After six months of bargaining with the Long Beach Medical Center and the Miller Children’s and Women’s Hospital, nurses and union organizers took to the streets June 24 in an awareness-raising picket to make clear their needs as workers and advocate for the communities they represent. Mary, a nurse of 28 years who retired five years ago, explained: “What the public really needs to know is that the nurses stand for the community. Their goal is the best patient care we can get.” Chants and signs on the picket lines declared that hospital policies are deliberately putting patients and nurses in danger in the rush for easy profits.
“The hospital is trying to get as much out of them, with as little resources as possible,” said Ariana, a representative from the California Nurses’ Association. She went on to point out how a commonly used practice known as “split halls” — making nurses work across two hallways concurrently — stretches nurses too thin, putting them and patients in danger in order to cut costs. Sufficient nurse-to-patient ratios are critical to safely and effectively caring for patients.
Pediatric nurse Alecia Bennett told Liberation News, “If nurses are down two hallways, it’s hard to keep track of what’s going on.” If a nurse’s list of duties draws them away from vulnerable patients and they aren’t able to provide adequate attention, or when an unsupervised patient might endanger themselves or others, a lack of available nurses only worsens the situation. “When workers are strained and stretched thin for profit, they and the community that depends on them suffer.”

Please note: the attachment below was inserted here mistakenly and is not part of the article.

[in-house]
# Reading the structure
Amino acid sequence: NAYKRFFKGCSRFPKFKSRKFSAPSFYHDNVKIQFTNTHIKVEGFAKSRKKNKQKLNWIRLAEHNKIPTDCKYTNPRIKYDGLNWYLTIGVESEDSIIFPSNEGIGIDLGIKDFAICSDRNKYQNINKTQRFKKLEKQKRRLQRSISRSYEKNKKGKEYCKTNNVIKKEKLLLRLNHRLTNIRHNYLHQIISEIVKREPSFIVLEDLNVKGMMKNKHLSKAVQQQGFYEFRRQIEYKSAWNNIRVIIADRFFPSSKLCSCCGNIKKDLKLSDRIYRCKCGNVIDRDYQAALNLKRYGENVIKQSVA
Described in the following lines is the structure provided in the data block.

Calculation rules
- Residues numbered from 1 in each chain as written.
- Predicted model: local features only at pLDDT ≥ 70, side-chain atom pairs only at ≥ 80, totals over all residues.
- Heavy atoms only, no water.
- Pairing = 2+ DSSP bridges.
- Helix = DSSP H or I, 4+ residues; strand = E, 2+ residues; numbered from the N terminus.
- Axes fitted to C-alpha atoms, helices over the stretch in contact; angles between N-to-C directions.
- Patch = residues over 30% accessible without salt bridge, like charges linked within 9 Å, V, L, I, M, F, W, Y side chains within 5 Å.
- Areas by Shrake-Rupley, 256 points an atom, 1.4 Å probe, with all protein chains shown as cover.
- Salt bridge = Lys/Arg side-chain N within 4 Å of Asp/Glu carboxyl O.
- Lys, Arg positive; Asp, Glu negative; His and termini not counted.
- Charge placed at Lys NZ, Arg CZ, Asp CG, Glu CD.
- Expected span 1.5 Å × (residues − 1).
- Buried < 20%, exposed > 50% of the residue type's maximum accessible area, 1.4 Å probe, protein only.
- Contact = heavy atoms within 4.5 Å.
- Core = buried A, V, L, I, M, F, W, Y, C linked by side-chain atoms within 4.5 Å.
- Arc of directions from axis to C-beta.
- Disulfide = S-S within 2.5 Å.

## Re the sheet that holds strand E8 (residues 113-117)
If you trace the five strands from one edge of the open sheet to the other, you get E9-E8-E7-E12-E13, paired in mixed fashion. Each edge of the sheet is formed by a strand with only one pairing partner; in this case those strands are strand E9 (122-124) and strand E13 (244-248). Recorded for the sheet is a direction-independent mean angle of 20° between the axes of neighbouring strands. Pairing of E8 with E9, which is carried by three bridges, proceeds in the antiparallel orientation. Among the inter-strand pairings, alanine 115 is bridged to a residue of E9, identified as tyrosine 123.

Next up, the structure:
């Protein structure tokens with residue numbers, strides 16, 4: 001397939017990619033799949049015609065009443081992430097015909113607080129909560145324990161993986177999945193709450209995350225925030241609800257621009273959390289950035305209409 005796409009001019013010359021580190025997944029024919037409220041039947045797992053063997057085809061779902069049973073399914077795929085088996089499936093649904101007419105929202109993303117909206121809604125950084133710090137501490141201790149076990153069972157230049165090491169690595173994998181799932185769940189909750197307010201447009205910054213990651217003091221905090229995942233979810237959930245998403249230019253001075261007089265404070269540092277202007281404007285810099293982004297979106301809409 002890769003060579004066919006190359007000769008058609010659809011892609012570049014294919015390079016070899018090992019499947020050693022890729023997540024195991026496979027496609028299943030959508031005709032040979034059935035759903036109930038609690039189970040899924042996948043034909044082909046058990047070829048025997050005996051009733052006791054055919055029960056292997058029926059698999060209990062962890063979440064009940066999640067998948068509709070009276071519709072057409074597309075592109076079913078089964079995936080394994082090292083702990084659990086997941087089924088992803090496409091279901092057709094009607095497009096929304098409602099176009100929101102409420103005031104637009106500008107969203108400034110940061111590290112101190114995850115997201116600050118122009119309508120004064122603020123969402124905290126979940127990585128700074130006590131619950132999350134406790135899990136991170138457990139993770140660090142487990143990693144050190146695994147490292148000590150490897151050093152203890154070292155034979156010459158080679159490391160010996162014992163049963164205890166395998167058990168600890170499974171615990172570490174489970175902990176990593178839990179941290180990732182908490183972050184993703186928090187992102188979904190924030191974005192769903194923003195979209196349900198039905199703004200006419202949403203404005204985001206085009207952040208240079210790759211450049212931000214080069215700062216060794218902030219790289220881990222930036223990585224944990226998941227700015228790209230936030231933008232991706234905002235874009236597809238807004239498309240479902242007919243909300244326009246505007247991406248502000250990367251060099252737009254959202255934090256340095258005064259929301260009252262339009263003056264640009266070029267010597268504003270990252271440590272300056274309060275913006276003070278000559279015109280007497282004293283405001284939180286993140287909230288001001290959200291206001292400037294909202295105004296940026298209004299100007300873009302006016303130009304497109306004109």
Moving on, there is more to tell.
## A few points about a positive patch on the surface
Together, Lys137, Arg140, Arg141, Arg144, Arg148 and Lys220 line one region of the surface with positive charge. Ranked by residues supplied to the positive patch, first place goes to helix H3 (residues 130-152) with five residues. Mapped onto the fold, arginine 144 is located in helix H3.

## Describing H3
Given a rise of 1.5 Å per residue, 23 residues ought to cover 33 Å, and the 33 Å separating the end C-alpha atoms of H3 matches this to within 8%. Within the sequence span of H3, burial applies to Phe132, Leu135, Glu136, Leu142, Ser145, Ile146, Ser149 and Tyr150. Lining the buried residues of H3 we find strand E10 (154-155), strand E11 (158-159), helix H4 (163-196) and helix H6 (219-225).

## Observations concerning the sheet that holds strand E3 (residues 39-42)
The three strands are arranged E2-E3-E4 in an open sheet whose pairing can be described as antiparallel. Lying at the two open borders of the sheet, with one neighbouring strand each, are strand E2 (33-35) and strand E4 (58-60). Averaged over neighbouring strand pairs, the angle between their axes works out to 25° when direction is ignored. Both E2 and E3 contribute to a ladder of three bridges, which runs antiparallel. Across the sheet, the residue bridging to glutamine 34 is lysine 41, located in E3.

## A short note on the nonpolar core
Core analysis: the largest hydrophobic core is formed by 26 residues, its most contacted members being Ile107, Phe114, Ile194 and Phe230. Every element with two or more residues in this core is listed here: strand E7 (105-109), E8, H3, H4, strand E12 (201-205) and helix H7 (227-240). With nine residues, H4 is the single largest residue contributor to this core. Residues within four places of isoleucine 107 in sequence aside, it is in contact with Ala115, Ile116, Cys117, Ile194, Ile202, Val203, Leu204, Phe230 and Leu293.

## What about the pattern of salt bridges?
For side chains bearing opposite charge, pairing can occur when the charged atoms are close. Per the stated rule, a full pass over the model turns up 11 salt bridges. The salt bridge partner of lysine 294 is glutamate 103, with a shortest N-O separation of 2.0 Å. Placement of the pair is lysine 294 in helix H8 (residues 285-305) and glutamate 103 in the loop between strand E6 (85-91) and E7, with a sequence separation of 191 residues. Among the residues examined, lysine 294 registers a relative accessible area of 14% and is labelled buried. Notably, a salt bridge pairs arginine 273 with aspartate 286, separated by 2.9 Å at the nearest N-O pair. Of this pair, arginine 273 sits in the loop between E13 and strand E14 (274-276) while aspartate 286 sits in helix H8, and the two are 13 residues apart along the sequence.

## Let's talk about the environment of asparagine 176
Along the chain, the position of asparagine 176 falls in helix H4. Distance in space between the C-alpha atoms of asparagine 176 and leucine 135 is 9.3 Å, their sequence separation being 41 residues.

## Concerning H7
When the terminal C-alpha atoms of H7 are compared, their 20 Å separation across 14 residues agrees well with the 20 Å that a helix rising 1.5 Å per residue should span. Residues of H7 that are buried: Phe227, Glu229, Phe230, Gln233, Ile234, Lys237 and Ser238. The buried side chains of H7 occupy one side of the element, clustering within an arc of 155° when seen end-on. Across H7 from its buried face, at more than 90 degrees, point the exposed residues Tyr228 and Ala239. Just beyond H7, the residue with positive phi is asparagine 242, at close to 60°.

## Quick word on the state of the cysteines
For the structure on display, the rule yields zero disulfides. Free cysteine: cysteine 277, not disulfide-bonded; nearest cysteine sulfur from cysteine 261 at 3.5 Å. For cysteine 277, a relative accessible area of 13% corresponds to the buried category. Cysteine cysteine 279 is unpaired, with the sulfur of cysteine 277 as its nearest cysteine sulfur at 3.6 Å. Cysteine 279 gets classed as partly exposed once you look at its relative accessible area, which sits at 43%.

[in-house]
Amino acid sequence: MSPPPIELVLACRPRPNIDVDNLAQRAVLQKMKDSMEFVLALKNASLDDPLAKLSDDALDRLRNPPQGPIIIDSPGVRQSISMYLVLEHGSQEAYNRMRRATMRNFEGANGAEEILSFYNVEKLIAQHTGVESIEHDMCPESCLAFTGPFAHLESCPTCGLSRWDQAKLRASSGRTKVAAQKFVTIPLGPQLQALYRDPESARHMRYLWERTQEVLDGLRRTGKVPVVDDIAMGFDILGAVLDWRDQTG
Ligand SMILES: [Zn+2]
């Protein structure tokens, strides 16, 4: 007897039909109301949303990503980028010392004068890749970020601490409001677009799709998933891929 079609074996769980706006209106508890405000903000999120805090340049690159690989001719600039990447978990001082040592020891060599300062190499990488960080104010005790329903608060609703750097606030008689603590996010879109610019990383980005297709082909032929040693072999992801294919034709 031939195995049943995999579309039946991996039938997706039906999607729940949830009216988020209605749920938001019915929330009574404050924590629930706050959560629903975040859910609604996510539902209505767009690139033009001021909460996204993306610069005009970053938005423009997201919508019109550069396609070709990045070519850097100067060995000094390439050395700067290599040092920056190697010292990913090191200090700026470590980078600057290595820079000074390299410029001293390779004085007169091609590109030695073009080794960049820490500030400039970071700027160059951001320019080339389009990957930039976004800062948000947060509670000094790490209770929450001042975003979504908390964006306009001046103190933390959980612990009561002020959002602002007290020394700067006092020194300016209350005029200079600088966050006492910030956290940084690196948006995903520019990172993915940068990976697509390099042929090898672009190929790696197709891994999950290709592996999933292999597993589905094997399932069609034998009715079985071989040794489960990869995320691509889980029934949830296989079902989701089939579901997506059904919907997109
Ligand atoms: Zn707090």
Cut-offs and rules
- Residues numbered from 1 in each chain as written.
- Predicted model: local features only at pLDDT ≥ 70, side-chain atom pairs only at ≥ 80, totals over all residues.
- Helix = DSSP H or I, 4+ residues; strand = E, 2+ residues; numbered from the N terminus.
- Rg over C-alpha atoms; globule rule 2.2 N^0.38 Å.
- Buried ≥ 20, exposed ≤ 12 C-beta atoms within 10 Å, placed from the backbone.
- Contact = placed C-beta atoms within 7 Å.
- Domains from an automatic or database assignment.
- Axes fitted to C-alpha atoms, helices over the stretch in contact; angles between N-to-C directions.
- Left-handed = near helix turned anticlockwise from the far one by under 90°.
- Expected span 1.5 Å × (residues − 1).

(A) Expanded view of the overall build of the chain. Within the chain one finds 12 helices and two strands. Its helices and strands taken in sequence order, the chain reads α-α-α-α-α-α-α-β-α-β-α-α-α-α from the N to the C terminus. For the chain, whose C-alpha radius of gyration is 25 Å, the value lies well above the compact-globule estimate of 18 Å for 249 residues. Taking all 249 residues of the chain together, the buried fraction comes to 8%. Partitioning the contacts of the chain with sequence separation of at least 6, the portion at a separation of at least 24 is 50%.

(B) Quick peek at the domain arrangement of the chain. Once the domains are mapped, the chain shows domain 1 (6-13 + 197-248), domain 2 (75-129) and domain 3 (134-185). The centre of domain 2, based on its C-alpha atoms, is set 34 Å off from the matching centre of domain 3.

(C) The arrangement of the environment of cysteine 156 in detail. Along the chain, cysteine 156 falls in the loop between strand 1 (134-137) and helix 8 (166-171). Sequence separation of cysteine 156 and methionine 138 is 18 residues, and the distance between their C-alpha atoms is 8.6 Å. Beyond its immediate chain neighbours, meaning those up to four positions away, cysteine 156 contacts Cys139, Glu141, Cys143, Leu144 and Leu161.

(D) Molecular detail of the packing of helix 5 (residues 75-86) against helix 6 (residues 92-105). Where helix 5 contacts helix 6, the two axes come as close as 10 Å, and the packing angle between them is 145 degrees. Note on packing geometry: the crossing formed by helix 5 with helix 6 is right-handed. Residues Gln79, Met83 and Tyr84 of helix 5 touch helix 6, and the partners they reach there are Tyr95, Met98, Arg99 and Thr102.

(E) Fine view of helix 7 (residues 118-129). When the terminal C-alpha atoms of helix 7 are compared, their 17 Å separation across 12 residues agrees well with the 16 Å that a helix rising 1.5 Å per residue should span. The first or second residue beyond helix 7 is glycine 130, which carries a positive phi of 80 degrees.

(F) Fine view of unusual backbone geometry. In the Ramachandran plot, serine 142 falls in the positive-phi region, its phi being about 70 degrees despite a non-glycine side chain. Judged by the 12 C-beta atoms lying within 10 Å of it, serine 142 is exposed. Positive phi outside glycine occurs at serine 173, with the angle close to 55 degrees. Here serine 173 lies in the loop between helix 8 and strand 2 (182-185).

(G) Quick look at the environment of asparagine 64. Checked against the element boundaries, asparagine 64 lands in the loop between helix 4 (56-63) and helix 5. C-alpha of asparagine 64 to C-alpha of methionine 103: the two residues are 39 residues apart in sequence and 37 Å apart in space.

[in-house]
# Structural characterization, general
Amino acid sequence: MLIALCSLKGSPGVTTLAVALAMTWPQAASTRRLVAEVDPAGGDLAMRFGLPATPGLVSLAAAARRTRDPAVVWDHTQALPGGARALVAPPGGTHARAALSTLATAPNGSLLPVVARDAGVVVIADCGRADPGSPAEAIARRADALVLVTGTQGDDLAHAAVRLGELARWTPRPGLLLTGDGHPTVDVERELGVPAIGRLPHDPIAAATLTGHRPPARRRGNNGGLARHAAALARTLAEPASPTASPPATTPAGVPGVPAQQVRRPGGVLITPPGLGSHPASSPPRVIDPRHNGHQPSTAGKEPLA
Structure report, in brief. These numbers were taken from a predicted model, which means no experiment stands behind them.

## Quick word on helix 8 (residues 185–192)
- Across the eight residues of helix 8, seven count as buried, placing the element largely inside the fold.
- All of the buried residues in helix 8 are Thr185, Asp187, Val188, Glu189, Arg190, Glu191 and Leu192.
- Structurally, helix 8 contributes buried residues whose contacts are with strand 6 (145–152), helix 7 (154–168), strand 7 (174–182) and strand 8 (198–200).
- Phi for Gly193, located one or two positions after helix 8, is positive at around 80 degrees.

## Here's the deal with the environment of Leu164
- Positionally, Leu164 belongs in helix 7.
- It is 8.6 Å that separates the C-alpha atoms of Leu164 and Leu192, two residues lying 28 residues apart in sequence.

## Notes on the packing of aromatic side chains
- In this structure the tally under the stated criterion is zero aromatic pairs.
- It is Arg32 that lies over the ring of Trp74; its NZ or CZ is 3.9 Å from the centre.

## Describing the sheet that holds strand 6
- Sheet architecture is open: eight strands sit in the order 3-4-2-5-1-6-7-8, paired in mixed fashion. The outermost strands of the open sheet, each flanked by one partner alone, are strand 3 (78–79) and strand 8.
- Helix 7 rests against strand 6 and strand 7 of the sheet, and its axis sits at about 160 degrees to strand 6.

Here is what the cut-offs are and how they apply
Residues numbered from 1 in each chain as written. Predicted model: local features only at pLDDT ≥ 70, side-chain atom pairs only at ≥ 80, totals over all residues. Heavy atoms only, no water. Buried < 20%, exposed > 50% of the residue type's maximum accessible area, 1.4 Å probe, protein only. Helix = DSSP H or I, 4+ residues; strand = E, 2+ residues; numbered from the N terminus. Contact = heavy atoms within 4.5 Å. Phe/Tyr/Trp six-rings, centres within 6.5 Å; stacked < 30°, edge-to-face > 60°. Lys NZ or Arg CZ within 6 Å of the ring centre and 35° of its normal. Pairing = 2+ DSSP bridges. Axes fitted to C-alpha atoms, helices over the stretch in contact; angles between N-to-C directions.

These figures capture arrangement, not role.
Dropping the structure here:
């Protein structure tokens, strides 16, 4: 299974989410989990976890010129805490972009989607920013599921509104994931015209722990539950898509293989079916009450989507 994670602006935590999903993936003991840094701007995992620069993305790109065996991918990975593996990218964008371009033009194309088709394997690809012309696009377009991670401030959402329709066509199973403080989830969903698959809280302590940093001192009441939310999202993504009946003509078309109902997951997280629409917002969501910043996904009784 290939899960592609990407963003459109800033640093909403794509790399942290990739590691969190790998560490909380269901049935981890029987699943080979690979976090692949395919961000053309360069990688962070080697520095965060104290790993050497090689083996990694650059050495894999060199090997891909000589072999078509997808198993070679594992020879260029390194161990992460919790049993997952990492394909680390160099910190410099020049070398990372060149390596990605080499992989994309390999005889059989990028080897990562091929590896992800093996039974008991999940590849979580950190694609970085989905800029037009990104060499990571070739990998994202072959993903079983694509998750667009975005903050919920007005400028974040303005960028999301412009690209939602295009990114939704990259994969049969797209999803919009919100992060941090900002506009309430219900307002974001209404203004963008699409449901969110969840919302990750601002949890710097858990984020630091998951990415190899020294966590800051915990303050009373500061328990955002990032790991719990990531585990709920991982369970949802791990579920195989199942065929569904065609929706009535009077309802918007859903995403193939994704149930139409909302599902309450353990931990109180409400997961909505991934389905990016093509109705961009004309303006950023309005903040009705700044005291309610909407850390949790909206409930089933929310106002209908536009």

When nurses are given assignments that put the hospital’s safety at risk, they can fill out an Assignment Despite Objection form. However, in a striking display of the scale of unsafe assignments, the picketers unfurled banners stretching down the block made of filled-out, and unanswered, ADOs. By not providing enough staffing to safely cover all units, the hospital profits while overworking the nurses, both in terms of the physical distance between each patient and the excess of assignments outside nurses’ areas of expertise. Mary explained that nurses have been divided between specialty units without the proper experience, and without the necessary training to work safely and effectively.
The nurses also spoke out against forced arbitration. With forced arbitration in their contract, nurses would not be allowed to sue the hospital if the need arose. In the case of issues like unpaid wages or workplace violence, the nurses would be forced to engage in arbitration on the hospital’s terms rather than take independent legal action. With the unsafe assignments nurses are so often given, this would prevent the hospital from being held accountable by outside judges.
Community members also joined the picket to speak and support the nurses. A representative from the International Longshore and Warehouse Union declared in solidarity, “We will do everything we can to stand by you!” Pointing out the critical role nurses play, Chloe Osmer from the Los Angeles County Federation of Labor said: “When we’re at our most vulnerable, it is nurses who heal us — it is nurses who help us. The bare minimum we can do is ensure they have safe and dignified working conditions, that they have fair wages, and that they have respect on the job!”